Secondary containers (containers in which a chemical is transferred into) can become a labeling nightmare. Secondary containers must be labeled with the same hazard warnings as found on the primary container. Secondary containers must be labeled with the chemical name, concentration, and indicate any associated hazards. This includes chemicals in both long term and short term storage.
Under law, chemical abbreviations or symbols do not adequately signify the hazards associated with the containers contents. For stock solutions, working solutions, or reagents used on a continuous basis in the lab, abbreviations and symbols may be used only if signage is posted stating the symbol/abbrev. used, its complete chemical name and all safety information including target organs. Otherwise the complete chemical name and safety information must be on the container. Remember the following requirements:
1) Containers that hold a carcinogen or potential carcinogen (>0.1 % conc.), must be labeled with a cancer hazard label or have the words "carcinogen" on the container.
2) Store small containers such as vials in larger containers and place the hazard information on the outside of the storage container.
3) Indicate the date of preparation and initial the label.
The Environmental Protection Agency (EPA) has recalled two faulty "Pull 'n Spray" pesticide products. Monsanto's Roundup, Ready-To-Use, Weed and Grass Killer, and Scott's Co. Ortho, Ready-To-Use, Home Defense. The EPA states that there have been mechanical failures with the 1.33 gallon pump spray containers resulting in exposure to the pesticide. Both companies are working to inform customers and remove the products from the market.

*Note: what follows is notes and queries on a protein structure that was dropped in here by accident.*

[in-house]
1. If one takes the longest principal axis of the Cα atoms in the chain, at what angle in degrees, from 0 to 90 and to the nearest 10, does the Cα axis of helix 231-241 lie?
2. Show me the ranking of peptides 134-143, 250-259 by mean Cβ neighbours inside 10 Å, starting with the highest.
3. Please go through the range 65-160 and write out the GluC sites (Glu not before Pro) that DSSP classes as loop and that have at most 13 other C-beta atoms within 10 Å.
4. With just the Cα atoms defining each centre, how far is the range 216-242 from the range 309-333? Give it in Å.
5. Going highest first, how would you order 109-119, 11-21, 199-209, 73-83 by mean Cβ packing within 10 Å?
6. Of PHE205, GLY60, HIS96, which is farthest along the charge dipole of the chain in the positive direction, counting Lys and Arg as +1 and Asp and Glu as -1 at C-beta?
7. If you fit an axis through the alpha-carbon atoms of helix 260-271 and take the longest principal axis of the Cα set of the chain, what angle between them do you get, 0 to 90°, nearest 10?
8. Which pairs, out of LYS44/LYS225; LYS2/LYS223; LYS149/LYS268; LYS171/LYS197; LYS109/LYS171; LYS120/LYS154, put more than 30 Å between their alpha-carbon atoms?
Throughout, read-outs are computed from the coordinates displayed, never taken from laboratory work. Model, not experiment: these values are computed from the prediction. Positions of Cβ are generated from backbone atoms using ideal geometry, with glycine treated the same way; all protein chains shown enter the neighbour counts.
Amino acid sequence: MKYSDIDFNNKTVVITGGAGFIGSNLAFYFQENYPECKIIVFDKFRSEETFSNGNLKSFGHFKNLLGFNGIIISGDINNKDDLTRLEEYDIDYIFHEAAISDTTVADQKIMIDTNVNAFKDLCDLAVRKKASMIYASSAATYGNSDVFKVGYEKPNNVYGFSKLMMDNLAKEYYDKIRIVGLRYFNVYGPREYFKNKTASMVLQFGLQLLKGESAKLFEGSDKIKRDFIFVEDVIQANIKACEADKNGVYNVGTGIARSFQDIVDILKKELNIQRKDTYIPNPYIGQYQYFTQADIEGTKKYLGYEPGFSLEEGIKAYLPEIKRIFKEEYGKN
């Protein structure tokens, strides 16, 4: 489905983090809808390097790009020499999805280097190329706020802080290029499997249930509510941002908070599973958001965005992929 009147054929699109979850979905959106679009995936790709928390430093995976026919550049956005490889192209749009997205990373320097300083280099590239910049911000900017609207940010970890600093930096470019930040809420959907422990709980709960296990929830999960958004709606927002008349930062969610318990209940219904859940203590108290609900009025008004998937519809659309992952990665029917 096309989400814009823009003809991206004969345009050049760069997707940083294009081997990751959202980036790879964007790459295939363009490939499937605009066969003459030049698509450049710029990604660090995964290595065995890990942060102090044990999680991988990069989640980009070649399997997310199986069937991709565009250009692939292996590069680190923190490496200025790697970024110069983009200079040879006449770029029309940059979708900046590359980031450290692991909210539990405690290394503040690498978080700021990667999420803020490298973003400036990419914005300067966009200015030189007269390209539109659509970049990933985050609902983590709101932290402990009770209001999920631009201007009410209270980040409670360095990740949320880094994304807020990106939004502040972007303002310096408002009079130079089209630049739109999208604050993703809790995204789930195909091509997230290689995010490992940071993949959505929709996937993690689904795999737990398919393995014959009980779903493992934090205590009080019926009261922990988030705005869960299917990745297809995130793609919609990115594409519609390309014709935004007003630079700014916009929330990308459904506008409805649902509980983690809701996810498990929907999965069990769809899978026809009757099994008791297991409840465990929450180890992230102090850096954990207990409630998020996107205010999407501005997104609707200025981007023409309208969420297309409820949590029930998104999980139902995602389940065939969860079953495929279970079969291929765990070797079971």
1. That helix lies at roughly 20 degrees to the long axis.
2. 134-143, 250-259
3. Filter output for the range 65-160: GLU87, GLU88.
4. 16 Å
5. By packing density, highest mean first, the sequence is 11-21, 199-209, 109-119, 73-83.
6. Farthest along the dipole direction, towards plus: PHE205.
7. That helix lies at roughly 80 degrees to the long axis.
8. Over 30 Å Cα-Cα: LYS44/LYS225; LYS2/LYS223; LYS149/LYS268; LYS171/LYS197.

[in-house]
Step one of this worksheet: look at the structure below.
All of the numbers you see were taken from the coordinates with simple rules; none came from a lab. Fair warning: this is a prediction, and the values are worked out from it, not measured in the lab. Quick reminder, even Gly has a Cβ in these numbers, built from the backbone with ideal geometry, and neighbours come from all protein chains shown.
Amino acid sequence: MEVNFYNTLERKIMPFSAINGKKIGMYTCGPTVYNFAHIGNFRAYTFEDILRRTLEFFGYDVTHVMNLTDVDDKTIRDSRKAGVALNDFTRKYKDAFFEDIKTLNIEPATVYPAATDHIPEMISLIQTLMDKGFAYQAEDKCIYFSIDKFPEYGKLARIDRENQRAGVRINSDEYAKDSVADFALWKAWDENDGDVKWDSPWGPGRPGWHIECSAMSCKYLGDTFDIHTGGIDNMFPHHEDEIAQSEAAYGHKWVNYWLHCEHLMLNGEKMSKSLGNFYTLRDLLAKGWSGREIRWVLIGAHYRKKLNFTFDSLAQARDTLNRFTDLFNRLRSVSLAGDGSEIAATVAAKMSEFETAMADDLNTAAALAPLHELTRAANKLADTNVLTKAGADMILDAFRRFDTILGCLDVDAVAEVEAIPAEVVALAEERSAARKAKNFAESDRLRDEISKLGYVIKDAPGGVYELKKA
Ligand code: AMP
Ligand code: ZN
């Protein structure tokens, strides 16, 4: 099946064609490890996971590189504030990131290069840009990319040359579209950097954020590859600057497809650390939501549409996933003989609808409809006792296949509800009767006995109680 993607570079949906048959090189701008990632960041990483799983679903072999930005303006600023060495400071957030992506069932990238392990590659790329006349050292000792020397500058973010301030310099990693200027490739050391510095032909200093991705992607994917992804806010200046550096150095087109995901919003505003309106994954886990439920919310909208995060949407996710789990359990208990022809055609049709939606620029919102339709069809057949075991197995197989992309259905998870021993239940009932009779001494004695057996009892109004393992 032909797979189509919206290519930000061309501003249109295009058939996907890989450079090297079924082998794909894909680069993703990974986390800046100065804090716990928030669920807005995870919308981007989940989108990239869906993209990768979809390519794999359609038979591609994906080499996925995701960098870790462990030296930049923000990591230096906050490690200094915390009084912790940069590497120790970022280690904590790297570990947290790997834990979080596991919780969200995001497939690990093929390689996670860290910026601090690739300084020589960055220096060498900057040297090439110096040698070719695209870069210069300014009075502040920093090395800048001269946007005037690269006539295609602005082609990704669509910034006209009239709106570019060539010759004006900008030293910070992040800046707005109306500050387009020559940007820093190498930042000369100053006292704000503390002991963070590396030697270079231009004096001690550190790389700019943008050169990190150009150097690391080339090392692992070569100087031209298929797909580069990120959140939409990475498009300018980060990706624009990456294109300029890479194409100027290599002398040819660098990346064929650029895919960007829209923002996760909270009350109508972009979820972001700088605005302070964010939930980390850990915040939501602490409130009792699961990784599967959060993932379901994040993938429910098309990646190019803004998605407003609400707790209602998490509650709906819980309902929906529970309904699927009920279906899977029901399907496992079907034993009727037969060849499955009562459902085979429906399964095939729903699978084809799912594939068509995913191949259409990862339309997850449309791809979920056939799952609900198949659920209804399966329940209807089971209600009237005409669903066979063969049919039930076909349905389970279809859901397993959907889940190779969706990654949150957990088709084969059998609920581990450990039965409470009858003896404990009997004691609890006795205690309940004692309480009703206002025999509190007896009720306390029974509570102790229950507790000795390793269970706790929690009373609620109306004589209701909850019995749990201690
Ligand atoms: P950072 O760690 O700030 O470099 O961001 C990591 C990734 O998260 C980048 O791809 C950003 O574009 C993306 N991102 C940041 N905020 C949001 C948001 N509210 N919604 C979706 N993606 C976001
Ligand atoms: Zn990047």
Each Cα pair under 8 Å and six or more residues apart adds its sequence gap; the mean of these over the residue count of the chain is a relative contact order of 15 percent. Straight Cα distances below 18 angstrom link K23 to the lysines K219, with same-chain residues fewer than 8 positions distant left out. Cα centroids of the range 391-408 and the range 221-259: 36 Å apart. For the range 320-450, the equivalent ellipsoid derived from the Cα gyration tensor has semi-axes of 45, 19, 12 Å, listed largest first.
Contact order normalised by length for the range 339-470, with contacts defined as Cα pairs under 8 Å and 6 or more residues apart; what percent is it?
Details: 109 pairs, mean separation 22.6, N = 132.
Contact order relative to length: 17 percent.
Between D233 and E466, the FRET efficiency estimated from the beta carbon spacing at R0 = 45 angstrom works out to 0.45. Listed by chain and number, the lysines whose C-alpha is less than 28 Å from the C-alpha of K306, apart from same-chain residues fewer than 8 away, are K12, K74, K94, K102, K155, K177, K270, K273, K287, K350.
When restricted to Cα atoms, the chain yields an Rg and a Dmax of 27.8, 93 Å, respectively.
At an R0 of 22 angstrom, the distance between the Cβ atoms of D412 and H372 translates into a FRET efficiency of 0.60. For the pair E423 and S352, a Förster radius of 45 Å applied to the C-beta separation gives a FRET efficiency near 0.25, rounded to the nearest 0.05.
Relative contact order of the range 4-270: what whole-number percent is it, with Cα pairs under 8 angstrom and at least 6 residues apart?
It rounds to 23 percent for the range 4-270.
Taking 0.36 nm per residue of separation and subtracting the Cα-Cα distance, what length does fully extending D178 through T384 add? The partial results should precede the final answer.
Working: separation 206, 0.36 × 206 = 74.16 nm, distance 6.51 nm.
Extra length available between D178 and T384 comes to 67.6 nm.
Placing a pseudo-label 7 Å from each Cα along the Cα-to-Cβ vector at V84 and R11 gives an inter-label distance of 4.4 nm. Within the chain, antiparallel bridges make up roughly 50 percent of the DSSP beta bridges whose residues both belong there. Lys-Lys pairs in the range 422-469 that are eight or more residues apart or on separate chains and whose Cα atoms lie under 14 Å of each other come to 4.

Mercury is most commonly known as the silver liquid that is seen in thermometers. Unknown to many is the fact that mercury is also a widely used substance in industrial production. Although, the EPA for some time banned the use of mercury in latex paints, exterior paints (was used for a fungicide), and in pesticides, mercury can still be found in batteries, and in chlorine-alkali production.
Mercury is an odorless substance, which tends to easily vaporize when it comes in contact with a surface and is easily traced around or released into the air by such acts as vacuuming or being walked upon. Mercury has been a hot topic in the media lately. A recent edition of the the television show 60 Minutes highlighted concerns about mercury exposure in patients receiving silver dental fillings with mercury-containing amalgam.
Exposure to mercury can occur through inhalation, ingestion or dermal absorption. The amount of mercury absorbed by the body, and thus the degree of toxicity, is dependent upon the chemical form of mercury. In the human body, mercury accumulates in the liver, kidney, brain, and blood. Mercury may cause acute or chronic health effects. Acute exposure (i.e., short term, high dose) is not as common today due to greater precautions and decreased handling. However, severe acute effects may include severe gastrointestinal damage, cardiovascular collapse, or kidney failure, all of which could be fatal. Inhalation mg/m3 for 2-5 hours may cause headaches, salivation, a metallic taste in the mouth, chills, cough, fever, tremors, abdominal cramps, diarrhea, nausea, vomiting, tightness in the chest, difficulty breathing, fatigue, or lung irritation. Chronic effects include central nervous system effects, kidney damage and birth defects. Genetic damage is also suspected.
Sampling for mercury should be done carefully. Since mercury can be readily absorbed through inhalation or skin contact, you must wear personal protective equipment to avoid exposure. Sampling may be done by either air or surface methods.
excerpted from Aerotech Labs: IAQ Tech Tip #39
Facts and Stats that you may find of interest:
LIFE EXPECTANCY FOR MEN:
1900: 46.3 years
2000: 73.6 years
DEATHS IN CHILDREN:
1900: 9 per thousand
2000: 0.1 per thousand
LIFE EXPECTANCE FOR WOMEN:
1900: 48.3 years
2000: 79.7 years
1900: 64 per 100,000
2000: 200 per 100,000
1900: 0.3 percent
2000: 8.2 percent
1900: 32.3 births per thousand
2000: 14.2 births per thousand
1900: 0.5 percent
2000: 10.3 percent